Council And NHS Row Hits Care For Birmingham’s Disabled
Severely handicapped adults are being denied social services care following a dispute between Birmingham City Council and the NHS over who should foot the bill for looking after some of the most vulnerable people in society.
The council has admitted rationing the help it is prepared to offer as its Learning Disability Service budget soars £14 million into the red.
Talks between council Strategic Director for Adults and Communities, Peter Hay, and managers from the three Birmingham Primary Care Trusts have been taking place for more than a year, with no agreement so far about how £1,000-a-week care packages for the most severely disabled people could be shared more fairly between local government and the NHS.
The number of adults with severe learning disabilities and requiring social services care rose by more than 20 per cent last year as advances in medical science meant that people who in the past would not have lived into adulthood are now regularly doing so.
The scale of the problem was revealed by social care scrutiny committee chairman Len Clark, who said the council would face “astronomical” costs if it was to respond fully to demand for services.
The care budget is already on course to be over-spent by £12 million, but Coun Clark said the figure would rise to £14 million.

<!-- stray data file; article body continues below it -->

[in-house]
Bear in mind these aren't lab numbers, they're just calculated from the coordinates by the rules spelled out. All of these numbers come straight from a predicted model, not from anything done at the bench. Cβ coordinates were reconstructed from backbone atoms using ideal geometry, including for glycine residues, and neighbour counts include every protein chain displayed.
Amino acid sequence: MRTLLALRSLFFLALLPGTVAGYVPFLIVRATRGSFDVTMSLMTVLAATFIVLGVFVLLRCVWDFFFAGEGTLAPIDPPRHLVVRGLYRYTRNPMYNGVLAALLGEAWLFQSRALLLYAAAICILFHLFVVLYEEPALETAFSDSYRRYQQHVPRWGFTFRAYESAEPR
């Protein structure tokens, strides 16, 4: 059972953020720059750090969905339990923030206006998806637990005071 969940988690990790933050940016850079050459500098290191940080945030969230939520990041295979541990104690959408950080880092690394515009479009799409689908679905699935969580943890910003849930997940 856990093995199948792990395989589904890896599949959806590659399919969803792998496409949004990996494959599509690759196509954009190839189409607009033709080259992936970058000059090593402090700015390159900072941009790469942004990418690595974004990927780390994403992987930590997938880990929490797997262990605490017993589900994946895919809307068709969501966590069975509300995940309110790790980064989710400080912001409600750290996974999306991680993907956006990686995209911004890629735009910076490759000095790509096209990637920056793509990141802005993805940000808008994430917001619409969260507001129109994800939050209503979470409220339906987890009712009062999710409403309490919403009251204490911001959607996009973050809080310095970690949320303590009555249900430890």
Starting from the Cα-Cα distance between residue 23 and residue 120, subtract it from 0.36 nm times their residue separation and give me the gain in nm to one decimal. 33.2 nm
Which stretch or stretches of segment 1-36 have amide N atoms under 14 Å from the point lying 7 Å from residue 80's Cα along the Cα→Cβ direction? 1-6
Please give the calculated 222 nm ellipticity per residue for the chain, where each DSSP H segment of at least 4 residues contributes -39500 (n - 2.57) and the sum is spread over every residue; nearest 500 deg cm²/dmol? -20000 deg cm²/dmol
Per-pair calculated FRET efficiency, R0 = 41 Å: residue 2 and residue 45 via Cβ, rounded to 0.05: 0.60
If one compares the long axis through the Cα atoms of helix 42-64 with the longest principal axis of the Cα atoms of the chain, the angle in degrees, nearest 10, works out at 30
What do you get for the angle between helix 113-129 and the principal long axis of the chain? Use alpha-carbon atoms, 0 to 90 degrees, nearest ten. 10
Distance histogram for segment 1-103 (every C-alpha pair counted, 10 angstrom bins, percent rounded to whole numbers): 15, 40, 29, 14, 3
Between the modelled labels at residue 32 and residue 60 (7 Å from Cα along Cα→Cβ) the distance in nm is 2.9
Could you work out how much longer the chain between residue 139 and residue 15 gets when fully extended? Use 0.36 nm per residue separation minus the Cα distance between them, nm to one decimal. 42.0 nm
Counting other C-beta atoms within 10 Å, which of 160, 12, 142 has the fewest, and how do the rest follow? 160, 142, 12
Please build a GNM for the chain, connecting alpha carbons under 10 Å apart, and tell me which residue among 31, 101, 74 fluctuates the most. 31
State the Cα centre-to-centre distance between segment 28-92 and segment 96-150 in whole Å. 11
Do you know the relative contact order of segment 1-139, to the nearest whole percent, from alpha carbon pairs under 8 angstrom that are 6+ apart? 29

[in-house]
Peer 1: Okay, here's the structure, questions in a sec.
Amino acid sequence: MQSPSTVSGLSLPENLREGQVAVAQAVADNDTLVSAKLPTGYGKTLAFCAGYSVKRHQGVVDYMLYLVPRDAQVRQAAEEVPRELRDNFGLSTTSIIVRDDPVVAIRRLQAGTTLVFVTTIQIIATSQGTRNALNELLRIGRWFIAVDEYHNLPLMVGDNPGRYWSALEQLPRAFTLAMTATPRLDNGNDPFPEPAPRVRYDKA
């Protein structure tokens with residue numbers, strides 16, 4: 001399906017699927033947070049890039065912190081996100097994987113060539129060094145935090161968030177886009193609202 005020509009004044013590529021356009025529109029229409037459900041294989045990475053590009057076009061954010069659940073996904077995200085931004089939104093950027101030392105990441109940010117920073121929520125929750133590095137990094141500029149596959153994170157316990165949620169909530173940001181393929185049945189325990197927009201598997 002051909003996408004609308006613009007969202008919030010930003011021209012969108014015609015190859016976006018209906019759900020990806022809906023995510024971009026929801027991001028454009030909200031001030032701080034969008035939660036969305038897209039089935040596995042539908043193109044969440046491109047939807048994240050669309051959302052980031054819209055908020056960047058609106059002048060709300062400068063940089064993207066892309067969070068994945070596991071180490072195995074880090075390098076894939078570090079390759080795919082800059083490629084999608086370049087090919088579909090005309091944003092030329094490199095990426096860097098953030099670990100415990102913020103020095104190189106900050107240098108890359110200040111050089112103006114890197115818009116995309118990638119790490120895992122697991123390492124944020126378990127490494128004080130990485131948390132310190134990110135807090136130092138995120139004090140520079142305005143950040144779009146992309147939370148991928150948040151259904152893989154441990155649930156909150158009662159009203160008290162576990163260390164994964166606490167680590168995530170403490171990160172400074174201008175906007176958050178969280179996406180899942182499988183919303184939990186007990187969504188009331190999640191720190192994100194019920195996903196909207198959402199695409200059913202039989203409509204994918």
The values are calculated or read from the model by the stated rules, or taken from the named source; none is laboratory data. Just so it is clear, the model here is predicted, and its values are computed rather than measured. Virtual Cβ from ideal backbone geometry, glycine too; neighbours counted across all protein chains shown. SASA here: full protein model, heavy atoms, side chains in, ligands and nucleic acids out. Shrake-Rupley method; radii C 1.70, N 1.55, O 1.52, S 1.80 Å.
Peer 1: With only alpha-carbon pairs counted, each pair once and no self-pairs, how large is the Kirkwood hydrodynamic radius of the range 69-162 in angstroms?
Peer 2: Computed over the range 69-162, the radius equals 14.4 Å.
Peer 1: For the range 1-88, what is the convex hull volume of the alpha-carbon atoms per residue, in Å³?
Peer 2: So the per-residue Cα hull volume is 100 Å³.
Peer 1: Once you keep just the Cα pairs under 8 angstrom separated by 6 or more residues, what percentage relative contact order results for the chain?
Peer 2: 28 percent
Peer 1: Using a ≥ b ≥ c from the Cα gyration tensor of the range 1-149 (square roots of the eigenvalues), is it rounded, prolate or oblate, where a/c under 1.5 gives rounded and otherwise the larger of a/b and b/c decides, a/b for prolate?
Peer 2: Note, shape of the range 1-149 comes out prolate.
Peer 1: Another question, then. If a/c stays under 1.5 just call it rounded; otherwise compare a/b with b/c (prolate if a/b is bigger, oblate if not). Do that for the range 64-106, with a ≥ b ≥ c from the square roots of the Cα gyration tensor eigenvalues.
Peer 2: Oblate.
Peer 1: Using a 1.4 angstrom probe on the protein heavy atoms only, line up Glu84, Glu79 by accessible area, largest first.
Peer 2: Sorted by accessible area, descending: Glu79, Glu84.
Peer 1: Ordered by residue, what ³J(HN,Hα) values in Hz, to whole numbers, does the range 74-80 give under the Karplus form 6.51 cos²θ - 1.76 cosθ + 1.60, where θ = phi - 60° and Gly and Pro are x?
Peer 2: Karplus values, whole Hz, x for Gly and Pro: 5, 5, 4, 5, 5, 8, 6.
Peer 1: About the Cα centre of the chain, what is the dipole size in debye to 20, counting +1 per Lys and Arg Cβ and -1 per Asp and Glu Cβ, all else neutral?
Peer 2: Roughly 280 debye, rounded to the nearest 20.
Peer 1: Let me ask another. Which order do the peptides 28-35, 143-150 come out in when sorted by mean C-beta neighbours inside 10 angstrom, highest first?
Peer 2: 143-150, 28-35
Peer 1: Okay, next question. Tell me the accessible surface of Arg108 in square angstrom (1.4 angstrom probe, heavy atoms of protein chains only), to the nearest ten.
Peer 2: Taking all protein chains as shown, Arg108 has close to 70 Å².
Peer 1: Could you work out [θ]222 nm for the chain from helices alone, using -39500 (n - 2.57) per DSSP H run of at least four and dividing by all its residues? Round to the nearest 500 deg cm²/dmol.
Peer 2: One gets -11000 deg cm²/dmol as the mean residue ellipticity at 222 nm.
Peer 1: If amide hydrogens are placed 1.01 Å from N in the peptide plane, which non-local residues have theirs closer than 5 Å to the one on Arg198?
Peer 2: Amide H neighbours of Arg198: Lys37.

Coun Clark (Con Quinton) said: “We are controlling demand at the moment by not allowing people access to some services.
“But this position will be subject to legal challenge, and that will cost the council money.”
He said discussions with the Primary Care Trusts were not proceeding as quickly as the council wished.
“They have a statutory obligation and one would hope they recognise that sooner rather than later,” he added.
He said the council sometimes had to pick up the cost of looking after people discharged from hospital with only a short time left to live.
In one instance the care bill for a man “who was dying in a matter of weeks” amounted to £30,000 for a month.
Problems are particularly acute in south Birmingham, where the care of disabled adults has recently been transferred from the primary care trust to the council. But the trust has not yet agreed how much it should contribute toward the future care of the transferees, Coun Clark said.
He added: “The council is not in a position to bear the full cost of meeting the demand for services from people with learning disabilities.
“It is a complex matter and solutions aren’t going to be easily found or be cheap to implement.”
Three years ago, the council spent £45 million on care packages for about 1,300 adults with learning disabilities. The budgeted figure for this year is £51 million for 1,600 people.
Andrew Donald, Chief Operating Officer at Birmingham East and North Primary Care Trust, said: “We are having positive and constructive discussions with Adults and Communities and are confident we will resolve any issues.”